Friedrich Nietzsche, The Gay Science.  Die fröhliche Wissenschaft.

First published in 1882.

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The Origin of the Learned.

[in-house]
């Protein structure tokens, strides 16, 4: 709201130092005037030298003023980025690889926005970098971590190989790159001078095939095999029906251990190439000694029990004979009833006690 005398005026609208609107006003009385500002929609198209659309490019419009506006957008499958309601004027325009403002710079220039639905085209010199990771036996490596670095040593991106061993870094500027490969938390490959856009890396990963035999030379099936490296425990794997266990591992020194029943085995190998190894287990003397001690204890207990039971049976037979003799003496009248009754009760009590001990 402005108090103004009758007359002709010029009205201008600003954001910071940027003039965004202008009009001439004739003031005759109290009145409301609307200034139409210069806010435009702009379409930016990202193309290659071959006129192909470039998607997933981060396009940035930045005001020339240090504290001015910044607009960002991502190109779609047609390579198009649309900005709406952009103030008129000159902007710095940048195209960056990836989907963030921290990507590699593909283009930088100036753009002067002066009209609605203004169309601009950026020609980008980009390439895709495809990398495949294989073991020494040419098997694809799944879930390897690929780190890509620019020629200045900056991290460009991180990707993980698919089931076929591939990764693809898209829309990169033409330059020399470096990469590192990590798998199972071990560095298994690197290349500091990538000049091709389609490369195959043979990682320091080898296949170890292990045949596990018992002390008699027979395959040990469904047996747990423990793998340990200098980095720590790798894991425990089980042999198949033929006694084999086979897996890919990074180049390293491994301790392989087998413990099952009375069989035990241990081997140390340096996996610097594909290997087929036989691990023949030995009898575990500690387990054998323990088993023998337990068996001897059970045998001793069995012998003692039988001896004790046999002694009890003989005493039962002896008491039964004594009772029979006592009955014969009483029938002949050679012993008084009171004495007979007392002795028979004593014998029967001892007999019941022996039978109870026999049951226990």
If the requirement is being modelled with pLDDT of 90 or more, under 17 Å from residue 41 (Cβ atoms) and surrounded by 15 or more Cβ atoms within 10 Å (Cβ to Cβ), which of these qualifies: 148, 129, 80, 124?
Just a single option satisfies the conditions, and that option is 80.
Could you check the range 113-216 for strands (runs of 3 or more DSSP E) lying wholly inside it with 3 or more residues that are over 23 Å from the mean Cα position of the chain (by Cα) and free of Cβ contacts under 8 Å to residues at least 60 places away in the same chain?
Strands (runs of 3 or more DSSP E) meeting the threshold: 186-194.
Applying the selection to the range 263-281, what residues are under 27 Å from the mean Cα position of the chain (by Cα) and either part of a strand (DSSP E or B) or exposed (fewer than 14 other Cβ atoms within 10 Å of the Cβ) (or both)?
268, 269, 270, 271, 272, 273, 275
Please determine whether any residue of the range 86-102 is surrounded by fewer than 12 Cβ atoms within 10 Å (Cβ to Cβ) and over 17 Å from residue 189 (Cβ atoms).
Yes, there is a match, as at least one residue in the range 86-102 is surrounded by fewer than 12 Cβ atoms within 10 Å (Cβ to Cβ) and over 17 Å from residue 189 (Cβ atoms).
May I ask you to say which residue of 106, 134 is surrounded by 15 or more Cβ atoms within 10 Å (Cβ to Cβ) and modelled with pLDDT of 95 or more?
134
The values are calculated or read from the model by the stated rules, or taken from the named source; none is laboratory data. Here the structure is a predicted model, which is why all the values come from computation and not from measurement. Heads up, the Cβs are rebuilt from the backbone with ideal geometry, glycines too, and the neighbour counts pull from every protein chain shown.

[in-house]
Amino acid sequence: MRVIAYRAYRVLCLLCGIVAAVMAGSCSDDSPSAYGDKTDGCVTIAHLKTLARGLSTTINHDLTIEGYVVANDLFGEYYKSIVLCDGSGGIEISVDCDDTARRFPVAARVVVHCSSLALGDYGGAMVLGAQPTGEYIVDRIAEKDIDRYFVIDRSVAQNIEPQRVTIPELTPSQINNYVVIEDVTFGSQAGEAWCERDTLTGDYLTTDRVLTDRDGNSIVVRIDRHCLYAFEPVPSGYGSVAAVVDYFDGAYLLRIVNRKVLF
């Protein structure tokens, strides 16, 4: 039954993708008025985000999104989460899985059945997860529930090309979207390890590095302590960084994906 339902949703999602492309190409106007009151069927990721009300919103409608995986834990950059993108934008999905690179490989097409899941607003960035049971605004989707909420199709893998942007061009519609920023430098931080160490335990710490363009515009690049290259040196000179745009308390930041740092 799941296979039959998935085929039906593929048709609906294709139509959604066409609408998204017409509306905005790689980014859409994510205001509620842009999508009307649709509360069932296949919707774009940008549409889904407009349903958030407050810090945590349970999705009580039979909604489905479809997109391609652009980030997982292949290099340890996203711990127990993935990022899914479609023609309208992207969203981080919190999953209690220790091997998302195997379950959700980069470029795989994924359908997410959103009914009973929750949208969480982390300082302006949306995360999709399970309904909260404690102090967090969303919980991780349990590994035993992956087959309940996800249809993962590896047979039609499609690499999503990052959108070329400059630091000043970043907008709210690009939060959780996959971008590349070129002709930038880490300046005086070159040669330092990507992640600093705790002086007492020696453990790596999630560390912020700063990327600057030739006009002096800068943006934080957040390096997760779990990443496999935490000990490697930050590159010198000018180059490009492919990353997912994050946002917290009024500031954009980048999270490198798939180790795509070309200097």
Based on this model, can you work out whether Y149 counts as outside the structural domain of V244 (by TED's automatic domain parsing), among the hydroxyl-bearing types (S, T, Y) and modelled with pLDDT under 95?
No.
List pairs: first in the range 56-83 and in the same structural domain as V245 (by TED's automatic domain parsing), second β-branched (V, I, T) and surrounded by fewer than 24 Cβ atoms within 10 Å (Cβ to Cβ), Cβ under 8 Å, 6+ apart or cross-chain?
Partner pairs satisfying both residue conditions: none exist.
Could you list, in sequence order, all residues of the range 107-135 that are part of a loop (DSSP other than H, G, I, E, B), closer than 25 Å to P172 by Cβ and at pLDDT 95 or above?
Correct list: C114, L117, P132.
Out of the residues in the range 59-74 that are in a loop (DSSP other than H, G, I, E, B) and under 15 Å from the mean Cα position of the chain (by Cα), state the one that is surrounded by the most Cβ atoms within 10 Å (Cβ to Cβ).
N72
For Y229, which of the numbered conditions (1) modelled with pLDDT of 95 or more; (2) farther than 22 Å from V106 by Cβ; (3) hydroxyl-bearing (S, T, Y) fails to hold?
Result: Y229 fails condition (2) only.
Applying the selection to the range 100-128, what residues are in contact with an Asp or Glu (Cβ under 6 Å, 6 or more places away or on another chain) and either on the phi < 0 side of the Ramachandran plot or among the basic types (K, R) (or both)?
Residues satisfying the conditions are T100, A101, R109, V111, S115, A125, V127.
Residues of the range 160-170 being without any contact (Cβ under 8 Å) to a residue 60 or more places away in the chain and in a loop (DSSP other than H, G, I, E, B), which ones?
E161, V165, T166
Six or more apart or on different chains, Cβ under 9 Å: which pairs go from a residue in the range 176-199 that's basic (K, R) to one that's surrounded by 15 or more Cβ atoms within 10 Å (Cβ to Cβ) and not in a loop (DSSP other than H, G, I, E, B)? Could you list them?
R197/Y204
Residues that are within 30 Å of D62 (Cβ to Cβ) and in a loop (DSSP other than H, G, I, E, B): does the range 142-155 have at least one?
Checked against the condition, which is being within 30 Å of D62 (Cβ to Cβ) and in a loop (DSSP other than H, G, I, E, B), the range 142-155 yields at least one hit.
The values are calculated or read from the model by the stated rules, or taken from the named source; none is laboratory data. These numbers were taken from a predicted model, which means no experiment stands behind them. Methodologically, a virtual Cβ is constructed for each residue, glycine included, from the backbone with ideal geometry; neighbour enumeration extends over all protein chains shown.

The learned man in Europe grows out of all the different ranks and social conditions, like a plant requiring no specific soil: on that account he belongs essentially and involuntarily to the partisans of democratic thought.  But this origin betrays itself.  If one has trained one s glance to some extent to recognise in a learned book or scientific treatise the intellectual idiosyncrasy of the learned man all of them have such idiosyncrasy, and if we take it by surprise, we shall almost always get a glimpse behind it of the "antecedent history" of the learned man and his family, especially of the nature of their callings and occupations.  Where the feeling finds expression, "That is at last proved, I am now done with it" it is commonly the ancestor in the blood and instincts of the learned man that approves of the "accomplished work" in the nook from which he sees things; the belief in the proof is only an indication of what has been looked upon for ages by a laborious family as "good work”.  Take an example: the sons of registrars and office clerks of every kind whose main task has always been to arrange a variety of material, distribute it in drawers, and systematise it generally, display, when they become learned men, an inclination to regard a problem as almost solved when they have systematised it.  There are philosophers who are at bottom nothing but systematising brains the formal part of the paternal occupation has become its essence to them.  The talent for classifications, for tables of categories, betrays something; it is not for nothing that a person is the child of his parents.  The son of an advocate will also have to be an advocate as investigator: he seeks as a first consideration, to carry the point in his case, as a second consideration, he perhaps seeks to be in the right.  One recognises the sons of Protestant clergymen and schoolmasters by the naive assurance with which as learned men they already assume their case to be proved, when it has but been presented by them staunchly and warmly: they are thoroughly accustomed to people believing in them, it belonged to their fathers "trade"!  A Jew, contrariwise, in accordance with his business surroundings and the past of his race, is least of all accustomed to people believing him.  Observe Jewish scholars with regard to this matter, they all lay great stress on logic, that is to say, on compelling assent by means of reasons; they know that they must conquer thereby, even when race and class antipathy is against them, even where people are unwilling to believe them.  For in fact, nothing is more democratic than logic: it knows no respect of persons, and takes even the crooked nose as straight.  In passing we may remark that in respect to logical thinking, in respect to cleaner intellectual habits, Europe is not a little indebted to the Jews; nobody more so than the Germans who are a lamentably deraisonnable race who to this day must always have their "heads washed" first.  Wherever the Jews have won influence they have taught men to analyse more subtly, to argue more acutely, to write more clearly and purely: their task was ever to bring a people "to listen to reason”.  
 

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